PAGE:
Once a crew decided the engage with pirates, there was no quarter – and no survivors. But  the flip side of the promise had to be honored just as well – a crew that surrendered without a struggle had to be treated with the utmost courtesy, or merchant sailors would quickly learn there was no upside to surrendering. Pirates thus not only showed their captives the deepest respect, they often rewarded them with treasure from their own holds, and even recruited sailors to join their crews.

Follow-through is crucial, for today’s business person as well as for the pirates of old. If you make a promise, be prepared to keep it, even when it’s impractical – or be prepared to pay the consequence as your reputation crumbles and more and more people feel comfortable challenging your word.

3. Distinguish yourself proudly.

Pirate Ship While pirates flew under all manner of flags, once the pursuit was under way they quickly ran up the Jolly Roger – the pirate’s black flag adorned with images of death and terror, including the famous skull and crossbones but also skeletons, bleeding hearts, and decapitated heads.

The purpose of the Jolly Roger is simple: it let the crew of the ship under attack know that their boarders-to-be were pirates, and resistance would be severely dealt with. The Jolly Roger tied the pirate reputation for cruelty to the vessel about to overtake your own. It made plundering easy.

But if flying the pirate’s flag made it easy to capture a ship without resistance, why didn’t military ships, coast guards, and privateers fly the same flag? The answer is that flying the Jolly Roger came with a price that few non-pirates could afford – you had to be willing to kill mercilessly to make good the promise of the Jolly Roger, should the enemy resist, and you had to be willing to face hanging if you were captured sailing under the Jolly Roger.

Pirates showed few compunctions about torturing and killing a crew that gave them trouble, a level of blood-thirstiness few more legitimate raiders could stomach – especially as they often had to answer to authorities back home. And for a pirate, the penalty was the same whether they flew the Jolly Roger or not: death by hanging. For others boarding and plundering ships under government authorization, flying a pirate flag meant death if captured, while plundering under their own nation’s flag was legal (or nearly so).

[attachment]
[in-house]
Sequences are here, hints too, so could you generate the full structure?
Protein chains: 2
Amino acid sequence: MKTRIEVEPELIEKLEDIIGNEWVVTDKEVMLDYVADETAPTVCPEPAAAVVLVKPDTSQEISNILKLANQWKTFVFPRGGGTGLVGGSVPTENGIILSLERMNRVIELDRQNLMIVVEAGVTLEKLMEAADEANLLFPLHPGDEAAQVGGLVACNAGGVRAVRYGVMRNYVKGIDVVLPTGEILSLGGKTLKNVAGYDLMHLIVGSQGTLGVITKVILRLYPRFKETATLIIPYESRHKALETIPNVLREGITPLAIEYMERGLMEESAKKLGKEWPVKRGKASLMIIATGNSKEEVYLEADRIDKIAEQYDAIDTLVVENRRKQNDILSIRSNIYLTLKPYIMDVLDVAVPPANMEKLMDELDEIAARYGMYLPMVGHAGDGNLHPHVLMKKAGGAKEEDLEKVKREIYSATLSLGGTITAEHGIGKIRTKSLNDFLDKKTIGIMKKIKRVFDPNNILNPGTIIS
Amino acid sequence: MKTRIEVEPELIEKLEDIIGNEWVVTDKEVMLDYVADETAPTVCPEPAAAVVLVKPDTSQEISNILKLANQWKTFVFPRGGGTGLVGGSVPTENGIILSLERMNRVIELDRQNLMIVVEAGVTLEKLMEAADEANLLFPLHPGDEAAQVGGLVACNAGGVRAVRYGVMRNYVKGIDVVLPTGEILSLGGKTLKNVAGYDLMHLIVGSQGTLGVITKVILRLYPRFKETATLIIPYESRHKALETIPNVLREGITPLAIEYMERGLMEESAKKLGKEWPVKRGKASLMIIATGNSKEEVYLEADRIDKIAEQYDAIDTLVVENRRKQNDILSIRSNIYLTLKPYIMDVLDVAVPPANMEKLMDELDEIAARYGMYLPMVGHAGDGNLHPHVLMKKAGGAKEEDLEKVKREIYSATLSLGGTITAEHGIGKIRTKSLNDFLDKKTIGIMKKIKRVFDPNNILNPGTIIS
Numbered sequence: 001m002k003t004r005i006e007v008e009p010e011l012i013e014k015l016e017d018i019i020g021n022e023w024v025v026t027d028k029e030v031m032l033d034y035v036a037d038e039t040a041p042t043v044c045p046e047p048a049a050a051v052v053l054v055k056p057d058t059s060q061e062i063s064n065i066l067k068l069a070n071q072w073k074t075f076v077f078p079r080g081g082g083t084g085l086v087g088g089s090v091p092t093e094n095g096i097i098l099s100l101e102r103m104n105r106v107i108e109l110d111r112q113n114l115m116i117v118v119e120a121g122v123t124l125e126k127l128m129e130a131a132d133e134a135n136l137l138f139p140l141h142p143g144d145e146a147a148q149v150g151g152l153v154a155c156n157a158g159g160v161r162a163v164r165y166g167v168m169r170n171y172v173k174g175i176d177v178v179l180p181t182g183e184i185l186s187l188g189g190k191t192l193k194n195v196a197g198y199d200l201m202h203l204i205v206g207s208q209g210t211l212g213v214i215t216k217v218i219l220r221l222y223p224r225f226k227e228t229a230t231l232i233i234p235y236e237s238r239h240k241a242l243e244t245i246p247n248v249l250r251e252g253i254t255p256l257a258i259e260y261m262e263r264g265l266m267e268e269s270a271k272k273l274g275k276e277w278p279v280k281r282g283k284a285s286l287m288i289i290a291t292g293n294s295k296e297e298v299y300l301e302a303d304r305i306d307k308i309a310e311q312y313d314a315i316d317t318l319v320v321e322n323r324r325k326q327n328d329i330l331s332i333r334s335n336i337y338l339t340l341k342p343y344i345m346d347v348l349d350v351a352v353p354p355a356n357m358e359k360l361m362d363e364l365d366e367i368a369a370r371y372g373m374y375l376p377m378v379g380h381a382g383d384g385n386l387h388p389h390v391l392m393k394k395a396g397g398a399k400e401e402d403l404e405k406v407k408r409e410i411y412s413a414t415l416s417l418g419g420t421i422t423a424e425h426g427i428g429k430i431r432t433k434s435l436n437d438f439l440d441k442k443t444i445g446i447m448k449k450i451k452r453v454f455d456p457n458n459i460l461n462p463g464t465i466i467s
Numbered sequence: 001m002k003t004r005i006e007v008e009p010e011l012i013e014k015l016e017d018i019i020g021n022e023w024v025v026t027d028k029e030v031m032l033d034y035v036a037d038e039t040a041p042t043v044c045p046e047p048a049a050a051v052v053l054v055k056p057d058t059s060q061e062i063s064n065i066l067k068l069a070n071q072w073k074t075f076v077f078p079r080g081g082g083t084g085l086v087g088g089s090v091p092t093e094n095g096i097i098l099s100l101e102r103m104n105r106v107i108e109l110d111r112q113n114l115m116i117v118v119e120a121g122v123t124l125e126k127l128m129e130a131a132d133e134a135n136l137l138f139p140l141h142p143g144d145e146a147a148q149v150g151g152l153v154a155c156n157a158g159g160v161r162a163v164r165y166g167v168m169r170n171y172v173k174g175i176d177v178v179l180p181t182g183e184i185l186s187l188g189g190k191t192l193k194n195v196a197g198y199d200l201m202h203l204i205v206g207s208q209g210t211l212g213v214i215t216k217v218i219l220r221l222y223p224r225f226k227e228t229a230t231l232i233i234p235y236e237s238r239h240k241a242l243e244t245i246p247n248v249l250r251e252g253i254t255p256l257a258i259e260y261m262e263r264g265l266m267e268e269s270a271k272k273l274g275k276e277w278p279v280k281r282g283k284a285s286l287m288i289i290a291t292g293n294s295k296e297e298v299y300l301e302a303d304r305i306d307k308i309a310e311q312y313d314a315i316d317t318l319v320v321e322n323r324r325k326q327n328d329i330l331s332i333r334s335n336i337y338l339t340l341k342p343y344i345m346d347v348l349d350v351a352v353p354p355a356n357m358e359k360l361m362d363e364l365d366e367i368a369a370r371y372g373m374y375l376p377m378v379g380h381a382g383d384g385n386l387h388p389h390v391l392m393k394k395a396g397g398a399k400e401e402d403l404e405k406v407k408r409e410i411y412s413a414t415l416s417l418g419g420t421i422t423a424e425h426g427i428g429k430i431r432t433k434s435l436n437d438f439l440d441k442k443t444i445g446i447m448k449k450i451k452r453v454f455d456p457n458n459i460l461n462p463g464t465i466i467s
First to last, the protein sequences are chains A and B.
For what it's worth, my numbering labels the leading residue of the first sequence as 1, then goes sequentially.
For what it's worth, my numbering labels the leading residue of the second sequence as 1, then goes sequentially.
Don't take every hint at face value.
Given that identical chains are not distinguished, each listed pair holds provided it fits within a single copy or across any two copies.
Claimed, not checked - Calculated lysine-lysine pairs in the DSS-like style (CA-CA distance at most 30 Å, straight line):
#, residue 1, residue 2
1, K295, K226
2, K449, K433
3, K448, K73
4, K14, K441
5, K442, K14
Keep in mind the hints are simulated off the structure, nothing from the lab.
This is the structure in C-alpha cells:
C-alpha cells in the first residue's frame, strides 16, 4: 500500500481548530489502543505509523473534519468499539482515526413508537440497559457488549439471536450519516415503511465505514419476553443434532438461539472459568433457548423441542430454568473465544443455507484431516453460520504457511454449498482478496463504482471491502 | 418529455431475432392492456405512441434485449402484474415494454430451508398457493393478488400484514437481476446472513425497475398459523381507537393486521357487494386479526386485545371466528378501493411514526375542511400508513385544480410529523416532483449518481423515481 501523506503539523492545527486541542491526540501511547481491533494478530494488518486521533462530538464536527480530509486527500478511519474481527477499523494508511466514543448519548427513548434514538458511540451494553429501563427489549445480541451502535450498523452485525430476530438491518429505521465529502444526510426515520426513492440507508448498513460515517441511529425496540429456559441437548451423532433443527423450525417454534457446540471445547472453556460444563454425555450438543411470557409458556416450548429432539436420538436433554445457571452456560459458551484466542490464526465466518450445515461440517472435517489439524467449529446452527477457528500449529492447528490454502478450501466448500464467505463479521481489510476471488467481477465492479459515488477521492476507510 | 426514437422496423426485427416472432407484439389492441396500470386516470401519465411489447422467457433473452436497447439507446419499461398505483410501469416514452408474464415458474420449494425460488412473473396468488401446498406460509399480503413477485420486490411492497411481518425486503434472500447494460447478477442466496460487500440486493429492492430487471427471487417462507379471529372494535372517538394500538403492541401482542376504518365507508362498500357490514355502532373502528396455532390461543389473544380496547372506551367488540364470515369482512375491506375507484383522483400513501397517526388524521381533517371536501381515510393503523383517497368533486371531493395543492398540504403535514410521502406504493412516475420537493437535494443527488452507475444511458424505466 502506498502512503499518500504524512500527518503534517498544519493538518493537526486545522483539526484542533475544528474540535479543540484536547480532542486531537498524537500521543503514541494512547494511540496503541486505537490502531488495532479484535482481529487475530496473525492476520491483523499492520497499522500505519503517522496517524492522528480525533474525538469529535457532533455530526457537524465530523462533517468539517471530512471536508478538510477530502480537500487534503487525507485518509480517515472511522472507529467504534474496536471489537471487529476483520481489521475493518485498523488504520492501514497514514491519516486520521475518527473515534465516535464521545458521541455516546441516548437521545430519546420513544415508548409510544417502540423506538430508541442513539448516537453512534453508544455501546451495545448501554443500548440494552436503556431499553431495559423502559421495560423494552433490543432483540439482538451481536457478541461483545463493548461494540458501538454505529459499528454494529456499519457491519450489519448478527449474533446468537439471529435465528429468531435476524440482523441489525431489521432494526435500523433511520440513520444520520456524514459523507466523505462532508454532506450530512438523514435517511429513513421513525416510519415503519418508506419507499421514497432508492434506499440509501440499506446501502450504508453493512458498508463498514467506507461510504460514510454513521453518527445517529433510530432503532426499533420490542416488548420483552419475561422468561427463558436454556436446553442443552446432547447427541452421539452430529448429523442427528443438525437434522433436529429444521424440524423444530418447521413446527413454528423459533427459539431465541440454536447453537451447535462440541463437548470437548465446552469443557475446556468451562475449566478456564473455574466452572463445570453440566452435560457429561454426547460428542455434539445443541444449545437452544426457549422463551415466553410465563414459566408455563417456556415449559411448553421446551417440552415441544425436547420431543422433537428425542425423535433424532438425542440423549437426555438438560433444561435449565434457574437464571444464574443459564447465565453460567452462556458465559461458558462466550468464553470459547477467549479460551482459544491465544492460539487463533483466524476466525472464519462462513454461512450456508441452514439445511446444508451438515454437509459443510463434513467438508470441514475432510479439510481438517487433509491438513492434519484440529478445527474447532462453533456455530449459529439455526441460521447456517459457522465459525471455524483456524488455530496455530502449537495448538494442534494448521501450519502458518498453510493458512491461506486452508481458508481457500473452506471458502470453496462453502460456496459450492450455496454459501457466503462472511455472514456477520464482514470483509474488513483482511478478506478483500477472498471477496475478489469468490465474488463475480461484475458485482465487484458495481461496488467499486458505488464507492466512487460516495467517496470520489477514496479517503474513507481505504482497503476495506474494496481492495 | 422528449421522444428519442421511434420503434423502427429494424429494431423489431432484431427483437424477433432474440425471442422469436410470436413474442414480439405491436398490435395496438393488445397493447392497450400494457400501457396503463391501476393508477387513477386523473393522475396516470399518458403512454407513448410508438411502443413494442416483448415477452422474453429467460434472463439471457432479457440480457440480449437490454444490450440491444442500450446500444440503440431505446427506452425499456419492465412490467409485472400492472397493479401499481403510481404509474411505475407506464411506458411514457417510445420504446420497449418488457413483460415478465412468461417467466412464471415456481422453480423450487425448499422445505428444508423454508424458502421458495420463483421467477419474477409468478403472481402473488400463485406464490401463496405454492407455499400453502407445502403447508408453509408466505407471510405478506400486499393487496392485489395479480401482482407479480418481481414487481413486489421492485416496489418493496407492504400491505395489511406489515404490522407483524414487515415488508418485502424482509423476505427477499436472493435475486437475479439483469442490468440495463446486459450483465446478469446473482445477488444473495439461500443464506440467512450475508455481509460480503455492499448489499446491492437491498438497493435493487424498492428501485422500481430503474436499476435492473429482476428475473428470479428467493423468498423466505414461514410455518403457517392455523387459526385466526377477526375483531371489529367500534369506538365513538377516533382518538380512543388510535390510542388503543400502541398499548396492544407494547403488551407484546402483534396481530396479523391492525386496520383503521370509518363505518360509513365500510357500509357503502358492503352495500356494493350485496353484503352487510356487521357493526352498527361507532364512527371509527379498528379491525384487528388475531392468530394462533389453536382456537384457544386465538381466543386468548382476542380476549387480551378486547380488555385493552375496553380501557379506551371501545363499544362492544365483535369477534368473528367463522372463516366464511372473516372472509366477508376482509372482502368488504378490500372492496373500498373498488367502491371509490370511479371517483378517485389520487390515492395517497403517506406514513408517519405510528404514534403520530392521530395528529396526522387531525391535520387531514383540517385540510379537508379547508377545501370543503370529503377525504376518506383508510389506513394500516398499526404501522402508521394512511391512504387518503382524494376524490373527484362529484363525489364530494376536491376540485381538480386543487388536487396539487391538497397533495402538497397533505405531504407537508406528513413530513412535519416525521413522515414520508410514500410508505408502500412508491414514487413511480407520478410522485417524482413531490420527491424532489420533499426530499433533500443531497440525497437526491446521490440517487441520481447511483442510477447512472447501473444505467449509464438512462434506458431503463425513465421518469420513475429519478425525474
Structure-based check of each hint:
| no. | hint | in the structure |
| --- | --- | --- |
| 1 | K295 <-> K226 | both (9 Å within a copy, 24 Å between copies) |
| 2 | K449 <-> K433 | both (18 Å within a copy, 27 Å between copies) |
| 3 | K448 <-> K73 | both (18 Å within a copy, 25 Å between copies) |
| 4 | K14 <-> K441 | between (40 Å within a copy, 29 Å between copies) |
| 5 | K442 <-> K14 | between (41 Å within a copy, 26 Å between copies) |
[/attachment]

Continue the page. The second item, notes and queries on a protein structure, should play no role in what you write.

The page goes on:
The high cost of hoisting the Jolly Roger made it uniquely pirates’ own, and was recouped many times over in booty taken with ease. Do you have a marker of excellence that others can’t afford? Producing a better product than anyone else, certification from third-parties, high-value clients and endorsements – these things are expensive to acquire and expensive to maintain, so display them proudly as marks of your excellence – and avoid or minimize those marks that anyone can achieve.

4. Be accountable.

Pirates lived under a code of democratic leadership that was virtually unheard of in the early 18th century. Captains were elected by popular acclaim, and quartermasters were appointed to act as a check on the captain’s power. To hold  onto his position – and often enough his life – a captain had to be fair and even-handed with his crew, and vicious and extravagant with others when the situation called for it. A slip-up could lead immediately to a vote of no confidence and appointment of a new leader, with the old captain marooned on a deserted island with naught by a pistol, some shot and powder, and a jug of water to keep him company.

To maintain transparency, captains often slept alongside their crews, ate the same food, and maintained an open-door policy in their cabins. Except in the heat of battle, the captain could expect to be questioned on every decision, so had better have had a good reason for all of them. Booty was often kept in unlocked chests in an open, public space aboard ship, to prevent an unscrupulous captains from self-dealing.